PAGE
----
Monday, April 14, 2008

Olympics: Yes or No?

“Faster, Higher, Stronger, No Longer,” an op-ed in this Sunday’s issue of The New York Times urges the end of the Olympics because of certain sordid incidents throughout its history. Writer Buzz Bissinger points out that there have been problems at nearly every Game.

The Beijing 2008 Olympic Games are now associated with human rights abuses, air pollution and food purity issues. Among previous games, there were: the bombing in Atlanta, the Munich Massacre (where pro-Palestinians held the Israeli team hostage and 11 people died), steroid use by top athletes, the bribery of judges, a boycott because of the Soviet Union’s invasion of Afghanistan and so on and so forth. Bissinger recommends an American pull-out, asserting that “there is only one way left to improve the Olympics: to permanently end them.”

It is true that the reputation of the Games has suffered from these transgressions and that new rules and regulations are needed to prevent future abuses, through penalty or incentive. For example, it cold be mandated that potential host countries must demonstrate that they do not violate human rights to be eligible.

While there are clearly deficiencies in the Olympics as they are currently constituted, it is very clear to me that the interaction of the thousands of athletes from around the world; the exposure of the fans to other cultures and countries; the good will, camaraderie and hope that are generated far outweigh the defects of the Games. I contend that the Olympic Games demonstrate that the world can come together, that politics can obstruct but not defeat this unity — thereby increasing the potential for friendly understanding among nations.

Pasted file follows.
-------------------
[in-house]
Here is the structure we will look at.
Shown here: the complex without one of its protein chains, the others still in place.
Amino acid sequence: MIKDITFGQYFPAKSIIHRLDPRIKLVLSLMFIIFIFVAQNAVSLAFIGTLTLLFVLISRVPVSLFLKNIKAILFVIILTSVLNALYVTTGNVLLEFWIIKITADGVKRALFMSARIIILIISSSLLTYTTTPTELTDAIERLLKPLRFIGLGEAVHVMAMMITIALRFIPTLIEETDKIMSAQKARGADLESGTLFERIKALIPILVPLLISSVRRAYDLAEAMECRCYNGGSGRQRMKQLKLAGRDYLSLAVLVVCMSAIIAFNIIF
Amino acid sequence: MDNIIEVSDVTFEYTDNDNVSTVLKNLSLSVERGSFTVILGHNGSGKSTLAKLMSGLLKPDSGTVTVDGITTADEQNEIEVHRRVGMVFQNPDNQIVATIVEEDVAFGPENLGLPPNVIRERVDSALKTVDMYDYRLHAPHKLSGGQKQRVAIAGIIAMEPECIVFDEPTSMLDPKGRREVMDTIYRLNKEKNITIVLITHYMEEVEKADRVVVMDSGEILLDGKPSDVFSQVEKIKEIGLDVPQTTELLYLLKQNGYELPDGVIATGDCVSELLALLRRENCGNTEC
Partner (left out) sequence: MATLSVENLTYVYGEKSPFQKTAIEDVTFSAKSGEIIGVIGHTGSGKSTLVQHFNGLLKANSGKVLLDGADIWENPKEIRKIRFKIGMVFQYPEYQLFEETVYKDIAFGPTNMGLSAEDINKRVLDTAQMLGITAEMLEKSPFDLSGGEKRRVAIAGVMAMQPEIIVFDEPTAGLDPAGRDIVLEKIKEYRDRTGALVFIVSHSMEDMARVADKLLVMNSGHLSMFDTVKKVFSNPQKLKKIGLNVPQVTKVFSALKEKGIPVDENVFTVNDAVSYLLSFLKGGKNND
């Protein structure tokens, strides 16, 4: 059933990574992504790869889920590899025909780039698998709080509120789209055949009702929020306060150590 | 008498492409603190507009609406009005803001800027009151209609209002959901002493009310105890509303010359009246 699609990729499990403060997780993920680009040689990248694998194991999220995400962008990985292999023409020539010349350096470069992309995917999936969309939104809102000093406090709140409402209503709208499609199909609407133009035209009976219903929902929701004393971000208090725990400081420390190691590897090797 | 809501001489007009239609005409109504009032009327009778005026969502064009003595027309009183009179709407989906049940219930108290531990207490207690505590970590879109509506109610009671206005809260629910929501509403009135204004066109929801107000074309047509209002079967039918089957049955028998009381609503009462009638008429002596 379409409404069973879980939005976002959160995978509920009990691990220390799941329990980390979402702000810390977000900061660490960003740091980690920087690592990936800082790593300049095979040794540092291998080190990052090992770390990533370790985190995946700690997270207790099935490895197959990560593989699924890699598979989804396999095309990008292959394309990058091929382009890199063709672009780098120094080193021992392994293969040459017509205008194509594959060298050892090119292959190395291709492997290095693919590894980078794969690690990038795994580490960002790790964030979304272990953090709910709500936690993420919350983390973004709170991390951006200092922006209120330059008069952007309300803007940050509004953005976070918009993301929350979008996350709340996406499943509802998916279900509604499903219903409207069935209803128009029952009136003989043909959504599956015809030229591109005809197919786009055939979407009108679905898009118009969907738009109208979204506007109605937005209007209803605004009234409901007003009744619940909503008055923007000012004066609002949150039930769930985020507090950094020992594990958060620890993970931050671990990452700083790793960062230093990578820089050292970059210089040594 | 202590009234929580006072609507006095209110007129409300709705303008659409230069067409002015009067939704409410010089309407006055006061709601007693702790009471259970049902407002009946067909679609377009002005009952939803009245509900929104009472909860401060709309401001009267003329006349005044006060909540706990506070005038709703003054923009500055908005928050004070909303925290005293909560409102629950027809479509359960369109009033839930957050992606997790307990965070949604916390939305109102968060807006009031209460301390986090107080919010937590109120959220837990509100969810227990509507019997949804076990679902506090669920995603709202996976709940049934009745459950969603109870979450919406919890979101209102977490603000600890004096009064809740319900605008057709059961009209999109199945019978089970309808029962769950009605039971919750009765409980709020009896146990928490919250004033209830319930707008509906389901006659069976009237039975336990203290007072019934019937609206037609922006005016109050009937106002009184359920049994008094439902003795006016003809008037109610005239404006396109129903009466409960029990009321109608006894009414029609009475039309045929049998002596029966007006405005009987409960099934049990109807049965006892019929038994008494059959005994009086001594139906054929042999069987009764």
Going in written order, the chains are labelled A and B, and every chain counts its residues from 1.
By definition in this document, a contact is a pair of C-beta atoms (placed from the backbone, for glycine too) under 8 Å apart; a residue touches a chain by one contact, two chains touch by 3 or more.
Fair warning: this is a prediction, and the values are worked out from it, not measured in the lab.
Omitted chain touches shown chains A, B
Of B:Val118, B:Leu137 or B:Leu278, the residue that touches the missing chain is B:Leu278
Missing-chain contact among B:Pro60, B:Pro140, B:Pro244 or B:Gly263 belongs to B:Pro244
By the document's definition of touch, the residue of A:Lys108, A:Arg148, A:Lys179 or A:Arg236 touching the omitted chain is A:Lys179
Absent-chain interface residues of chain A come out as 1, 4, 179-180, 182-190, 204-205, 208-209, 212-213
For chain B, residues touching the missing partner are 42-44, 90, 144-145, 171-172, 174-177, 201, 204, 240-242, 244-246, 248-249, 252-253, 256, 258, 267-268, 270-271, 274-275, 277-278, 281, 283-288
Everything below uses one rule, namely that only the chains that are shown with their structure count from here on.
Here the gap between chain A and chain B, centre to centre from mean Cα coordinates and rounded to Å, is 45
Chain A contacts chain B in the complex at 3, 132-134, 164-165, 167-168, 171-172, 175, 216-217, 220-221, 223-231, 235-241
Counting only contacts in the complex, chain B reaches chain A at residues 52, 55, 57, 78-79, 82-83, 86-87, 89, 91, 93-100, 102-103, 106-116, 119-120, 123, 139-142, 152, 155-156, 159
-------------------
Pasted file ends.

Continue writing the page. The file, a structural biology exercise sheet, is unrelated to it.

Not having the Olympics is no solution.

The op-ed quotes sports broadcaster Bob Costas as saying of the participants: “This is their chance to march into the Olympic Stadium. It is the culmination of all their time and effort. Many of them come out of impoverished circumstances, and they are exposed to more in two weeks than they might be in two years.”

The Olympics must remain a symbol of hope and goodwill, and that alone should sustain its reputation, despite the obstacles it may always face. As globalization accelerates, so will the need for greater world cooperation and integration. An American pull-out would certainly represent a rejection of those values as well as being a further blight on our own reputation.


Technorati Tags: Olympics, The New York Times, Buzz Bissinger, Beijing 2008 Olympic Games, Atlanta, steriods, bribery, Afghanistan, Soviet Union, reputation, Bob Costas, hope, business, communications, public relations

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